At the age of 16, Dea Rrozhani entered the Technovation Challenge with two other teammates, Arla Hoxha and Jonada Shukarasi. They created GjejZâ, a mobile application to stop gender-based violence in Albania and to empower women to be financially independent enough to break out of unhealthy relationships. The team won the grand prize and continues to work on the app currently. Dea is also the founder and mentor at Robotech, an American Corner Tirana Club, where children aged 10-14 learn the basics of programming and robotics.
This interview is edited for brevity and clarity.
KrASIA (Kr): Could you share more about the idea behind your mobile application GjejZâ?
Dea Rrozhani (DR): Sure, let’s start with the name. GjejZâ means “finding your voice” in Albanian dialect, and we came up with the idea when we observed the reality in Albania. In Albania, almost one in every two women has suffered gender-based violence in their lifetime. There was news on this all the time, and it was so frequent that it somehow became normality, yet no one was taking action.
Worse, we have started to observe signs of abusive and unhealthy relationships in our own generation that might evolve into what we would see in the news later on. Since we were joining the Technovation challenge, we wanted to do something that could possibly change the outcome of this pressing issue and thus, started working on GjejZâ.
Kr: What are some of the key features of GjejZâ?
DR: GjejZâ has three main functions: to empower, inform, and enable users to take action.
The SOS feature is one of our most important features. In Albania, we have specific numbers for specific emergencies, and these numbers change sometimes. This confuses many people, and in the event of an emergency, one might not be able to remember the number under anxiety and stress. Hence, we consolidated all the emergency numbers in an SOS menu on GjejZâ, whereby women can just call the numbers easily on the app. We’ve also identified hotlines for abused women and children in our app.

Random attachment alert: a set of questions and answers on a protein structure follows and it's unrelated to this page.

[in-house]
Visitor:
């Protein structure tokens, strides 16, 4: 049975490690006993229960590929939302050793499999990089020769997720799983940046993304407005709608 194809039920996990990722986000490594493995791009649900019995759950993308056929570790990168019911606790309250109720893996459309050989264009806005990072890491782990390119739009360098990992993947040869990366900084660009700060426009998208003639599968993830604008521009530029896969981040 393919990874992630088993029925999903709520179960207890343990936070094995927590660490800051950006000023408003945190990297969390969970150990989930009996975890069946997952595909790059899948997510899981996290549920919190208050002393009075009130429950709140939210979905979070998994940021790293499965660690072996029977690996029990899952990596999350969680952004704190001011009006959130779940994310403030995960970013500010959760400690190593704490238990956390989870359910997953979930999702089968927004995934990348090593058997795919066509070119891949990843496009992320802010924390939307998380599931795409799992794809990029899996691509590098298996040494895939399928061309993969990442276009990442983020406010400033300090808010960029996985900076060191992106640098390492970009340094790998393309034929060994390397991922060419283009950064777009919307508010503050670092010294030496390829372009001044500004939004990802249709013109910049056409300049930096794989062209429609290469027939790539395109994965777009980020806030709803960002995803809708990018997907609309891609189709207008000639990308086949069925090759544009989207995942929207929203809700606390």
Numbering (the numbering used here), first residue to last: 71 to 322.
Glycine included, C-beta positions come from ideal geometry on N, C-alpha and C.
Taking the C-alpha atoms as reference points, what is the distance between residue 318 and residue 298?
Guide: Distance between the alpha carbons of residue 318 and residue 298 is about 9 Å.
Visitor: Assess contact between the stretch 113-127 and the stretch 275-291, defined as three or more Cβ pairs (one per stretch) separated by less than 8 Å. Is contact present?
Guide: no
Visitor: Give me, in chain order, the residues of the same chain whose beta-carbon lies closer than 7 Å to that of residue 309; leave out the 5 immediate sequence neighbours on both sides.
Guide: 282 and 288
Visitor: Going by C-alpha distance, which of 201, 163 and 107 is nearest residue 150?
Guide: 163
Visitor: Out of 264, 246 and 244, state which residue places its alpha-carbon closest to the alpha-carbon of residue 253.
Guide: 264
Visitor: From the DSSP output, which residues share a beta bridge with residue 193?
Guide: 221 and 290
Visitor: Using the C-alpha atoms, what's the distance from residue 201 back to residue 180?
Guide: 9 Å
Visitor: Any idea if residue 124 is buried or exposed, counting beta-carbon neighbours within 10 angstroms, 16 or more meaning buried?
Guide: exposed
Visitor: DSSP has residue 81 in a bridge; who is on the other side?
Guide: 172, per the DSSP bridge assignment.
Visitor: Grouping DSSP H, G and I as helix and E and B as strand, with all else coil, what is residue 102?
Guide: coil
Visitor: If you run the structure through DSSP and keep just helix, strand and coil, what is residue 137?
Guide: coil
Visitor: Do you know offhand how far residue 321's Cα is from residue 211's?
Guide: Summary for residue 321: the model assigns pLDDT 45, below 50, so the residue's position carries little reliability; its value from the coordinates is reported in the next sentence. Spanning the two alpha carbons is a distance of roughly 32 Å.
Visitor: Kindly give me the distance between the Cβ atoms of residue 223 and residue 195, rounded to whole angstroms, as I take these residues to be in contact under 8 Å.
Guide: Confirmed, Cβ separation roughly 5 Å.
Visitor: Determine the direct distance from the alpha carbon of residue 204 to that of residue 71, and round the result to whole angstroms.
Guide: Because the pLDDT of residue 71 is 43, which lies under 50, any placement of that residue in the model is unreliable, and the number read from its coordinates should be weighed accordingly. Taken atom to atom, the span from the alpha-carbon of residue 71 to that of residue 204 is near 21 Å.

Another feature is a 30-day education program on the app. While we were researching this phenomenon, we noticed that Albanian women who were in abusive relationships take around a decade to report violence. This came as a really huge shock to us and we concluded that this was due to the traditional mentality that a woman should stay quiet to keep the family together.
It didn’t make it any better when the women families would also take the side of the perpetrators. Therefore, this program serves as an information platform to break down all these false myths and perceptions of gender-based violence. We worked with psychologists and therapists to create mindfulness videos, as well as featured life stories of Albanian women who had survived abuse and are now living a better life.
Lastly, a function that I’m personally very fond of is the incognito mode. While working on GjejZâ, I realized how this app could change the lives of so many women. One part of the problem was that perpetrators were often intrusive – I’ve seen many news reports whereby women have been killed because the victim sent SOS text messages or a certain app on their phone. The thought of having the entire app backfire worried me so much. So we came up with the incognito mode where it requires you to set a code. Once entered, the app will turn into a calculator, and functions as one. It will remain as a calculator until you enter the code on the calculator and press on the “=” sign.
Kr: Are there any barriers to entry for women who might have connectivity issues?
DR: Last November, we launched another version of GjejZâ called GjejZâ Lite. This is an offline and more lightweight version that consists of the core, crucial features of GjejZâ. We specifically designed this for women who were living in rural areas that do not have a lot of internet connectivity and have very old phones with only 2GB of storage.
Kr: How would you measure the impact of success for your app?
DR: We don’t collect a lot of information about our users because we want them to feel as safe as possible when using the app. However, we do look at statistics from downloads on Google Play and it has been very successful in terms of downloads. In fact, the downloads have surged during the lockdown period of pandemic, which is a very significant indicator for us because women were stuck at home with their abusers during this time. It was a great indicator of the reality of gender-based violence here in Albania, and we felt really great that women were actually seeking help.
Kr: What are you currently working on for GjejZâ?
DR: We’ve been very lucky to receive support from many government institutions in just a year, such as the Ministry of Health, the US Embassy and UNICEF. I think that in order to be effective, GjejZâ needs to be updated and maintained regularly to fit in with our evolving society. We live in a time where change is happening very rapidly, and it is important to keep all these changes in mind, especially if you want to address a younger generation. Other than making constant changes to the app to stay relevant, we are also working on another priority, which is to bring GjejZâ to IOS.
Kr: What would you like to see in girls of the future generation?
DR: Definitely resilience and determination. While we have already come a long way, I would really love to see girls of Albania and the generation to keep up the pace and be more confident in their abilities. They should be able to view themselves as equals to the boys and not be afraid to try out any field that they’re interested in.